The Transformation of Diplomacy
How to Save the State Department
On a leafy street in the Ukrainian capital, just steps from the ornate building that houses the country’s parliament, sits what is perhaps the nation’s most powerful weapon in its protracted battle of ideas with Russia. There, tucked away in a once beautiful tsarist-era building, are the offices of the Ukrainian National Memory Institute. It is a tiny government agency with a massive mandate: to counter decades of Russian intellectual disinformation.
Officially, the institute’s mission is to help Ukraine overcome the legacy of totalitarianism endemic to former communist regimes. The goal is an essential one, since the Soviet Union rewrote the national history of its constituent parts during the decades of the Cold War. In doing so, it suppressed the national identities and subverted the rich cultures of the countries it dominated. Reclaiming the national narrative has therefore been a key priority in many post-Soviet states; in Poland, Romania, and elsewhere, a growing coalition of like-minded groups has taken up the mission of remembrance.
But Ukraine’s National Memory Institute is unique, because it is carrying out its work in a country that now finds itself once again at war with Russia. The past year and a half have seen Ukrainian forces successfully stall Russia’s military advance into eastern Ukraine, only to be confronted by a massive Russian campaign of political subversion targeted at the country’s business sector and its political class.
This has added urgency to the Ukrainian government’s efforts, begun after 2013’s Maidan revolution, to root out the pervasive Russian influence that permeated post-Soviet Ukrainian society in the form of, among other things, massive intelligence penetration, corrupt politicians, and clandestine economic holdings. Over the past year, the government of President Petro Poroshenko has launched far-reaching reforms of the police and security services, begun revamping the country’s educational system, and kicked off a campaign to teach more Ukrainians the English language as a way of providing them greater opportunities in the West.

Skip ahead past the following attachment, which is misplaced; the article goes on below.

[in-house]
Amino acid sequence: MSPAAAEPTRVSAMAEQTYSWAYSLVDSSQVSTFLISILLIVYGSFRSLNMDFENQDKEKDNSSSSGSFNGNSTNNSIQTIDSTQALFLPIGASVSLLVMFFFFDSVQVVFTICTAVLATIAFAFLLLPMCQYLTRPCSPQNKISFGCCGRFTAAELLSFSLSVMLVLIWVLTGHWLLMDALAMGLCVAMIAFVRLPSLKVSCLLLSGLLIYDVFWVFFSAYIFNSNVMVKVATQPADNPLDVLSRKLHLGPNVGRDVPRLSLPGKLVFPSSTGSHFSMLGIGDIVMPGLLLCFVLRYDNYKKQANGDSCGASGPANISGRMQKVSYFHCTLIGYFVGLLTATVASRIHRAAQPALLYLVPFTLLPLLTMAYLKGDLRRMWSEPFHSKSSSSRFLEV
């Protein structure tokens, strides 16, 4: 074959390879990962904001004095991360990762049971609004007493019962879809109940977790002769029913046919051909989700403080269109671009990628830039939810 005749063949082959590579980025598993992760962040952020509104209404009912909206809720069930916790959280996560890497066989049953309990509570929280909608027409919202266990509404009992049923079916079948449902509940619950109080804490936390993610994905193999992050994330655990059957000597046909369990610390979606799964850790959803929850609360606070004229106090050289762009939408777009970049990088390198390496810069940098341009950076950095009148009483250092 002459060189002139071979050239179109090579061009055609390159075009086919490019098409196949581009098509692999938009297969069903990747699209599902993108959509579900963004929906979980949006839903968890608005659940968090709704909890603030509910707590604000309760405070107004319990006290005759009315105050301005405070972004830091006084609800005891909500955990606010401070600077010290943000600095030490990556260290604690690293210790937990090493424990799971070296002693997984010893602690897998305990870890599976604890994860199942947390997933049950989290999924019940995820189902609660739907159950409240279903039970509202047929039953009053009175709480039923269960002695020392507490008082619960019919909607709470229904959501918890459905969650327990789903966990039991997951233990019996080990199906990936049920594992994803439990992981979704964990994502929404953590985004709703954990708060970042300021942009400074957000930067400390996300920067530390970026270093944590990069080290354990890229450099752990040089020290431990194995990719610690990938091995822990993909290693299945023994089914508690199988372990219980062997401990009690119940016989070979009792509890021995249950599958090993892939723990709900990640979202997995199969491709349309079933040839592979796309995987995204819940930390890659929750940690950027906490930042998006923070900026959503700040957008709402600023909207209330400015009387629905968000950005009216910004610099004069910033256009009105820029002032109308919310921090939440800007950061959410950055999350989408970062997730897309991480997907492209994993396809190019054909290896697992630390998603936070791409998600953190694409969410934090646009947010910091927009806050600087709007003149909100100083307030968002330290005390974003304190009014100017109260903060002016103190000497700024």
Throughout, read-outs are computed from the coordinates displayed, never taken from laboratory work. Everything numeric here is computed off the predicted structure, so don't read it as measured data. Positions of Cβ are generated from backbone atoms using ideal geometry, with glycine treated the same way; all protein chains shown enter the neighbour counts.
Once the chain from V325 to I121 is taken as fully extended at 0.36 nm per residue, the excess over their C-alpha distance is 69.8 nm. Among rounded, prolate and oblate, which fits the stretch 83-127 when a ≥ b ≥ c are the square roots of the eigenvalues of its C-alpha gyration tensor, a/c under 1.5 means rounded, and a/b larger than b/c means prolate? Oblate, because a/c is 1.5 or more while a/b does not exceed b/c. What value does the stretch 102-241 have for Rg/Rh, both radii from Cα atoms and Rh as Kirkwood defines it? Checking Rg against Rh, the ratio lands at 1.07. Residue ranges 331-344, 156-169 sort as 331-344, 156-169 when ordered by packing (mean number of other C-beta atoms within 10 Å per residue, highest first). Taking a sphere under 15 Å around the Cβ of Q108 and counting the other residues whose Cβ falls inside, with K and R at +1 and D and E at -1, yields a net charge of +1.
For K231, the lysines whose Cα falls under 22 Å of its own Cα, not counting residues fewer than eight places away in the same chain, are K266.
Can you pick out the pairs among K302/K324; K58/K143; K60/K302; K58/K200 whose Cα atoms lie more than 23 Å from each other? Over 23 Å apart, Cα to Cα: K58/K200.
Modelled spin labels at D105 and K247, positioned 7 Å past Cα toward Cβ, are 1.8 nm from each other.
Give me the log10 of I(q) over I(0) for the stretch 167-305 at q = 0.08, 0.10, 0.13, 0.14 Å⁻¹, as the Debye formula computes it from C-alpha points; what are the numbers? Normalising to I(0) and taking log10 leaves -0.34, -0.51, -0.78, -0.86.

On the ground, meanwhile, it has begun to tackle the question of history in earnest, including by opening previously closed KGB archives and changing the Soviet-era names of roads and monuments. Thus, pursuant to a May 2015 law, thousands of Ukrainian streets named after Marx, Lenin, and hundreds of other Soviet public figures will be renamed by late November. Such steps, Ukrainian officials maintain, are essential to keep the country independent from Russia. And the institute, with its focus on education and transparency, plays an important part in this reorientation.
Perhaps of greatest importance, however, is the institute’s work in countering a vestige of the distant past: Soviet mythology surrounding World War II. The Kremlin’s preferred narrative suppresses any mention of Soviet aggression, abuses, or treachery during the course of that conflict. It posits the Soviet state as the world’s sole defense against fascism.
Echoes of this narrative reverberate in Russia’s current conflict with Ukraine. In the Russian conception, Ukraine today represents a fascist state—and Russian state media have expended enormous effort to paint the country in this light, despite mountains of empirical evidence to the contrary. Russian President Vladimir Putin, for example, has justified his February 2014 annexation of Crimea as an effort to rescue the territory from Ukrainian brownshirts, while Kremlin-controlled outlets like Sputnik News have given extensive coverage to Ukraine’s far-right fringe, despite the minuscule percentage of the Ukrainian body politic that these forces actually represent.
The institute’s response has been an ongoing campaign of education designed to put Soviet conduct during what Russians call the “Great Patriotic War” in its proper context. Last month, as part of this effort, it launched a prominent billboard display in front of the Kiev Town Hall highlighting the true scope of both Nazi and Soviet brutality in Ukraine during the conflict.
The objective, however, isn’t simply to revisit the past; it is also to shape Ukraine’s future. “Only when countries have a full reckoning of their totalitarian past can they transition to full democracy,” explains Volodymyr Viatrovych, the young, energetic historian who serves as the institute’s director. “Those that choose not to, like Belarus, have succumbed to totalitarian revanchism.”
The message is clear. Those who don’t remember history are doomed to repeat it. The corollary is that those who refuse to reckon with the past will inevitably be held captive to it. This is a lesson that Ukraine has learned at great cost. Russia, however, still has not. But here, Viatrovych holds out hope. “By changing Ukraine,” he believes, “we will change Russia as well,” because frustrating Russia’s imperial ambitions will inevitably spur self-reflection among the country’s captive populace.
In this context, the war in Ukraine is one of national identity, not only for Ukraine but for Russia as well. And the key to winning it lies in remembering.